The Government has been called upon to intervene in the case of a soldier held in a US jail on suspicion of passing state secrets to WikiLeaks – on the grounds that he is part-British.
Bradley Manning, a private in the US Army, went to school in Haverfordwest, Wales, where his mother still lives.
He has been accused of passing hundreds of thousands of diplomatic cables to the whistleblowing website.
Amnesty International argued that his Welsh parentage meant that the British Government should step in in the wake of reports about the harsh conditions of his detention.
The human rights charity’s director Kate Allen said: “Bradley Manning’s Welsh parentage means that the UK government should be demanding that the conditions of his detention are in line with international standards and that his ‘maximum custody’ status does not impair his ability to defend himself.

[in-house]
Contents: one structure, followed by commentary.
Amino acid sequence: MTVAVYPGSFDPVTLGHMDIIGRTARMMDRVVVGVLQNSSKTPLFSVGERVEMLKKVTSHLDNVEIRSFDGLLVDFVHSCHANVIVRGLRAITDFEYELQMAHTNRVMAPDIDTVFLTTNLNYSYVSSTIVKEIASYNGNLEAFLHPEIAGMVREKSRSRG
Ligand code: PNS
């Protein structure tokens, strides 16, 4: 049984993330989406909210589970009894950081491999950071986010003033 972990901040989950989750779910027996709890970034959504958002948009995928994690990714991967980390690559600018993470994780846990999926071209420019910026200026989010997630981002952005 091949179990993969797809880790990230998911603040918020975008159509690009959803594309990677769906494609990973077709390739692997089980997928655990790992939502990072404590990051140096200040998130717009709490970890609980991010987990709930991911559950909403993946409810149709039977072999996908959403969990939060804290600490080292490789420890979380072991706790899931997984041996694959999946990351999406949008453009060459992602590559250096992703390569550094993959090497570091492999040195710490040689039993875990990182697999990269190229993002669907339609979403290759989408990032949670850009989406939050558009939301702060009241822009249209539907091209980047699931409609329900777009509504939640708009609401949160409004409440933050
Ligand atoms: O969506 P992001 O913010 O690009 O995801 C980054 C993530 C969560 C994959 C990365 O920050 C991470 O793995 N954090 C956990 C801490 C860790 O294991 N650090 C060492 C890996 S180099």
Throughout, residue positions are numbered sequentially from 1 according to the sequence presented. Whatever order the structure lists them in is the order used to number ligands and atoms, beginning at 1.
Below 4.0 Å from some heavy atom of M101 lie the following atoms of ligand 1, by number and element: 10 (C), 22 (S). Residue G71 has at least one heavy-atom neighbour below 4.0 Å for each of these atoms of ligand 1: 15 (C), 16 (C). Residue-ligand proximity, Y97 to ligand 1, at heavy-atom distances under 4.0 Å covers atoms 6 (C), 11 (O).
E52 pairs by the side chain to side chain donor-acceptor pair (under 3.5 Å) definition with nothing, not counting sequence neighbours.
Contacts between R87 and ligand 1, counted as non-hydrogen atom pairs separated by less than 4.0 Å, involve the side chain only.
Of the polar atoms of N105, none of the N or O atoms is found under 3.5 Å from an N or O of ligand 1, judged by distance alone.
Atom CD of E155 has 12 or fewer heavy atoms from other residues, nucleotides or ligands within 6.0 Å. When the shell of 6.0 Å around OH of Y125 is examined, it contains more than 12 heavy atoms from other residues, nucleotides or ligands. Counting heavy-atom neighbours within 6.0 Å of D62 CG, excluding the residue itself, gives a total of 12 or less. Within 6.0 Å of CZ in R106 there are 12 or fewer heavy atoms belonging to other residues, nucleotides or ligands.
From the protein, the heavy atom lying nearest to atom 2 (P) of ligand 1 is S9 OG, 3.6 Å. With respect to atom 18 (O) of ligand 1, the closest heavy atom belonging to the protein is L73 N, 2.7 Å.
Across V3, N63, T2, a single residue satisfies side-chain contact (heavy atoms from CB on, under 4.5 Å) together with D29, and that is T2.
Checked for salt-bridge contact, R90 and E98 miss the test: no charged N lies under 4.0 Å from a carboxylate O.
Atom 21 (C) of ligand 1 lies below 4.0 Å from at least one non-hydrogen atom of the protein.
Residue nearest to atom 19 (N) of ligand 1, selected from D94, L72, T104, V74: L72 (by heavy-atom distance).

“We would also like to see Foreign Office officials visiting him just as they would any other British person detained overseas and potentially facing trial on very serious charges.”
But the Government said it could not comment on Pte Manning’s nationality.
A Foreign Office spokeswoman said: “We can’t release any information on an individual’s nationality unless we have their consent.”
Dual nationals in the country of their other nationality would not normally receive support from the British Government, which would does not tend to get involved in dealings between them and the authorities of the other state.
Manning has been praised by WikiLeaks founder Julian Assange as “an unparalleled hero”.